Walls removed, electric sockets altered and bathtubs ripped out: Crackdown on DIY flat tenants failing, says Hong Kong watchdog

One person whose home alterations put the whole building at risk had still not put things right after three years

PUBLISHED : Thursday, 11 May, 2017, 4:45pm
UPDATED : Friday, 12 May, 2017, 1:40pm

Hong Kong’s watchdog has attacked the government for its laxity in tackling public housing tenants who carry out unauthorised alterations, causing misery to neighbours.

In one case, the Ombudsman said in her latest report published on Thursday, a tenant whose alterations could have seriously undermined the building’s structure had still not put things right after three years.

Some tenants had removed walls separating rooms, altered sockets and electricity cables, ripped out bathtubs and toilets, and installed extra drainpipes and wash basins.

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Tenants were also allowed to restore flats to their original condition when the Housing Department was required to do the work to ensure quality.

“Public housing estates have a highly dense population,” Ombudsman Connie Lau Yin-hing said. “Unauthorised alterations can easily disturb neighbours. The Housing Department has been inactive in handling [the alterations]. Such an attitude is not only unfair to other public housing tenants, but will also encourage the growth of unauthorised alterations.”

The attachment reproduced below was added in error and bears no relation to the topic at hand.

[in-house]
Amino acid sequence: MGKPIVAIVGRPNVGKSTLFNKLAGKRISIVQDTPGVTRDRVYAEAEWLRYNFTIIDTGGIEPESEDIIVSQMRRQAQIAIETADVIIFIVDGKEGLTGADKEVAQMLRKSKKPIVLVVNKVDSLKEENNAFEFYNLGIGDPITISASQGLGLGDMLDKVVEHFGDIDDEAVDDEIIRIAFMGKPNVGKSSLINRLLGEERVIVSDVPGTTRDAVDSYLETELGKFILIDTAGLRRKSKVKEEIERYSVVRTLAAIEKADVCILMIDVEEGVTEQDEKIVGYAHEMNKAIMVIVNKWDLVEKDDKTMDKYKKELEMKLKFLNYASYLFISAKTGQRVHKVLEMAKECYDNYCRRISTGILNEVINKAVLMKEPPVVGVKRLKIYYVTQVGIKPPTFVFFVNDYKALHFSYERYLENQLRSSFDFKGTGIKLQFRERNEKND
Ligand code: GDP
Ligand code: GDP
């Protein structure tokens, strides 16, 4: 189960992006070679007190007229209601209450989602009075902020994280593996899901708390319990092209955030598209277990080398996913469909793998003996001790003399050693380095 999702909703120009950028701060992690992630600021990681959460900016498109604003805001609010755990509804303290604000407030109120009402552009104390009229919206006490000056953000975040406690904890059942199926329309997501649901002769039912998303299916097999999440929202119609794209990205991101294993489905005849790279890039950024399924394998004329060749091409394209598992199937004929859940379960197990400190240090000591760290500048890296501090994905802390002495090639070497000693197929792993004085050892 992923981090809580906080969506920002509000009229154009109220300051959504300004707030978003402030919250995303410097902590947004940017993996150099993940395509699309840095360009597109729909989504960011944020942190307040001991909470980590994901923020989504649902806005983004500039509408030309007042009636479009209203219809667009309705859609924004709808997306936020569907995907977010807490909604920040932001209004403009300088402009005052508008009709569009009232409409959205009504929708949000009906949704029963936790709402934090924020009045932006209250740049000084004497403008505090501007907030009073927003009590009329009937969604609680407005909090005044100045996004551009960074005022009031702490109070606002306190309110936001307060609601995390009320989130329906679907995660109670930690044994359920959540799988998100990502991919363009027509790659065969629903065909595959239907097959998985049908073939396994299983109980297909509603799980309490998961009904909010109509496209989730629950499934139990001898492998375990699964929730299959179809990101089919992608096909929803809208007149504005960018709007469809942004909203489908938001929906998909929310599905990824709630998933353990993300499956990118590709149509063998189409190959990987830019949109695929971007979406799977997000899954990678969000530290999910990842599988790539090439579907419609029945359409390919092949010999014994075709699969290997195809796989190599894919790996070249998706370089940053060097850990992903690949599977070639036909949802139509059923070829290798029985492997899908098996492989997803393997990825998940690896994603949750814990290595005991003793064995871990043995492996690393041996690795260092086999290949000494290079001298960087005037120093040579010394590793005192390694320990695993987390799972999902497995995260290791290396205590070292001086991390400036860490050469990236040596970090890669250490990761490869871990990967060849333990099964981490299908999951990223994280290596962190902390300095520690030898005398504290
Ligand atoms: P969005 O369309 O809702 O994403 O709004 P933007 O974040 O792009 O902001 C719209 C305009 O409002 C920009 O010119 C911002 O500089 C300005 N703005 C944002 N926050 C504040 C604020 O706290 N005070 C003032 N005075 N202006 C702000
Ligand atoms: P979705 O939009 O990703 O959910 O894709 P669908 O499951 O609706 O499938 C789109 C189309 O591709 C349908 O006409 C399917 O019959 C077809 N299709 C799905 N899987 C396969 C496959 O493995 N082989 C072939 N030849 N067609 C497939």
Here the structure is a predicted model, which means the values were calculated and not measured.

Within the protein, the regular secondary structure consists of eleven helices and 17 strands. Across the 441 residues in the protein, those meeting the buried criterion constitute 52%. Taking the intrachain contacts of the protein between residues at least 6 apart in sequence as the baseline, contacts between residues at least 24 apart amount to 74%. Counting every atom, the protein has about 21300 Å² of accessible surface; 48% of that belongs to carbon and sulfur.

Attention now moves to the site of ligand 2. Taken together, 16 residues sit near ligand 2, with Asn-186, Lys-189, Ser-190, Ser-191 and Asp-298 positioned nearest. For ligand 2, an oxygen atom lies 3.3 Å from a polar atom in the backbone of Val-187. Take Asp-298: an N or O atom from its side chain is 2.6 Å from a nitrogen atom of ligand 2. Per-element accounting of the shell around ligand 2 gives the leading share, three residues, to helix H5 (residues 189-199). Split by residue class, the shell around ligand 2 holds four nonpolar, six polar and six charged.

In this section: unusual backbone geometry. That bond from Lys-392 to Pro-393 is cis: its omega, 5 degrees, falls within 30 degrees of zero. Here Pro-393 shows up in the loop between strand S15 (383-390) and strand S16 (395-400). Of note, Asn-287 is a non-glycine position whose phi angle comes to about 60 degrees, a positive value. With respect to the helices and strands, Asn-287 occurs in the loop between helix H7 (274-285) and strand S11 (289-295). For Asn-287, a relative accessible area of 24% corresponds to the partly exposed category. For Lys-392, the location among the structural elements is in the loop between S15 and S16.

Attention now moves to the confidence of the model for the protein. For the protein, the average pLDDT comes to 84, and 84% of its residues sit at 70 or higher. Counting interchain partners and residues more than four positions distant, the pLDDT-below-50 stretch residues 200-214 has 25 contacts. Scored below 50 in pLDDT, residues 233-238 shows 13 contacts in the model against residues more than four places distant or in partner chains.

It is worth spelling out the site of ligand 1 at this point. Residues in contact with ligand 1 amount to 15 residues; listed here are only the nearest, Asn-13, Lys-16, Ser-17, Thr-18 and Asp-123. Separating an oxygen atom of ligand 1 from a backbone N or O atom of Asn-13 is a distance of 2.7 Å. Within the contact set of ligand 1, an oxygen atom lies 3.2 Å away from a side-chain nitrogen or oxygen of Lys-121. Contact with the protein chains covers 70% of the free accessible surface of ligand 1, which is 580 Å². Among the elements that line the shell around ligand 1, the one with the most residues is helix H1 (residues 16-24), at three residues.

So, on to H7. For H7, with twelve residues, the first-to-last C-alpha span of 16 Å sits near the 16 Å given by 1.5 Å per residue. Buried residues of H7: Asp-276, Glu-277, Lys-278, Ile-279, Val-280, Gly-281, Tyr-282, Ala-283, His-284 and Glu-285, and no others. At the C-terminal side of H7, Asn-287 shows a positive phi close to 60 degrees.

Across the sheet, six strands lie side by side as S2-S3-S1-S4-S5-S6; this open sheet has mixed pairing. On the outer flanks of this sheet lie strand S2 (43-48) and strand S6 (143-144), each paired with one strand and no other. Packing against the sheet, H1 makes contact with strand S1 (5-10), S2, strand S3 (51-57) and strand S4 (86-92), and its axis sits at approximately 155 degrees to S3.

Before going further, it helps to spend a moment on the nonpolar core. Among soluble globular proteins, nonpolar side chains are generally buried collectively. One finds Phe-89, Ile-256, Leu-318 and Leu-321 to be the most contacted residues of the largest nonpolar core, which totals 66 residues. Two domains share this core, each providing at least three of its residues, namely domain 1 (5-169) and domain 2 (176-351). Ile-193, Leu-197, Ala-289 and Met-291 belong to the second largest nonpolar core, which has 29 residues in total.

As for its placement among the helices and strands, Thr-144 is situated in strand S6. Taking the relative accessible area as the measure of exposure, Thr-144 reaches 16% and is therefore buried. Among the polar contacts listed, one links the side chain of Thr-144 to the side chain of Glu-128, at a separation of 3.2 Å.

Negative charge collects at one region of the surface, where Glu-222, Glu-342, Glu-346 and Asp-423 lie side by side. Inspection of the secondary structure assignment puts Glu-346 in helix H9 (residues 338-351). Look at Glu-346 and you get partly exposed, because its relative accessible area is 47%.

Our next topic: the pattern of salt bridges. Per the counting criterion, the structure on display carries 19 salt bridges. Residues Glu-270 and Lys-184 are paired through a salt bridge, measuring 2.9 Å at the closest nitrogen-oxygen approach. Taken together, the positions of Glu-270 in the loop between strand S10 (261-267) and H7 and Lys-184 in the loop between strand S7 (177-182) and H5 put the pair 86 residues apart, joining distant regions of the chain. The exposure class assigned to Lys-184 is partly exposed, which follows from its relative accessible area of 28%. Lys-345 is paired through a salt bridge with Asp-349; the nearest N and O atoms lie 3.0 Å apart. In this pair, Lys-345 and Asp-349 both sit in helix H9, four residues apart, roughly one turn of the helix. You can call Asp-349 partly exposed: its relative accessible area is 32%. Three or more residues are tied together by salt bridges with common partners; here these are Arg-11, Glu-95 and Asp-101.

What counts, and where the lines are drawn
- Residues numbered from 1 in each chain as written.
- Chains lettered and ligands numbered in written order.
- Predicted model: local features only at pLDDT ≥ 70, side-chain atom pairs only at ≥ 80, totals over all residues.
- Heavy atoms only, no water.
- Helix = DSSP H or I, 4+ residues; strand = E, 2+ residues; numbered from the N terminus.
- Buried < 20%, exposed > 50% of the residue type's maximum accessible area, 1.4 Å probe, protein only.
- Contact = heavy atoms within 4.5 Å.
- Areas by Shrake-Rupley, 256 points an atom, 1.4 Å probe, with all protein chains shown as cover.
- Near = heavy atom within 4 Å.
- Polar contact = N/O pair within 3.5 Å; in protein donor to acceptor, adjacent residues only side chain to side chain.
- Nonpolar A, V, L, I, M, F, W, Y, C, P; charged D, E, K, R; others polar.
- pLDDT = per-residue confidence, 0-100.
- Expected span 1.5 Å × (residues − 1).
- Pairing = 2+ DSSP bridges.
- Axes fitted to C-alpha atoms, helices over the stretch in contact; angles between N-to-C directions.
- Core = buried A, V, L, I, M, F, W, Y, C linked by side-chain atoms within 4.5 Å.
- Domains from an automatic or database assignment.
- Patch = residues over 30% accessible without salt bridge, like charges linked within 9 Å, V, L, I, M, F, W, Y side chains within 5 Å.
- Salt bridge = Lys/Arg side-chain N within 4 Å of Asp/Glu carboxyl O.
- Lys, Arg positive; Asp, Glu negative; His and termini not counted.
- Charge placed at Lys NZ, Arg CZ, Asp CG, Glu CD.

According to the report, among 65 reinstated flats in the past four years, 10 had taken at least six months to complete, with seven of these taking at least nine months and one more than two years to complete.

Such practice could be a potential danger to building safety
Connie Lau Yin-hing, Ombudsman

As of June 30 last year, 27 cases were still not closed, with one dragging on for almost three years.

Among the 65 completed cases, 61 had involved seriously hazardous alterations which, according to internal guidelines, should have been reinstated by the department to ensure the materials used and work met established standards.

But in 28 of the 61 cases, the department allowed the tenants to carry out the work.

“Such practice violated established guidelines and could be a potential danger to building safety,” Lau said.

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She added that the actual situation could be far worse given that there were 700,000 public housing flats in the city. She urged the department to conduct more inspections of estates and follow up cases actively.

In August last year the department renewed its guidelines for inspectors who issue deadlines to tenants. Under the new system, officers are required to issue a reinstatement notice within 60 days of the discovery of illegal alterations.

The Housing Department said it would strengthen its monitoring of unauthorised alterations and improve training for frontline officers.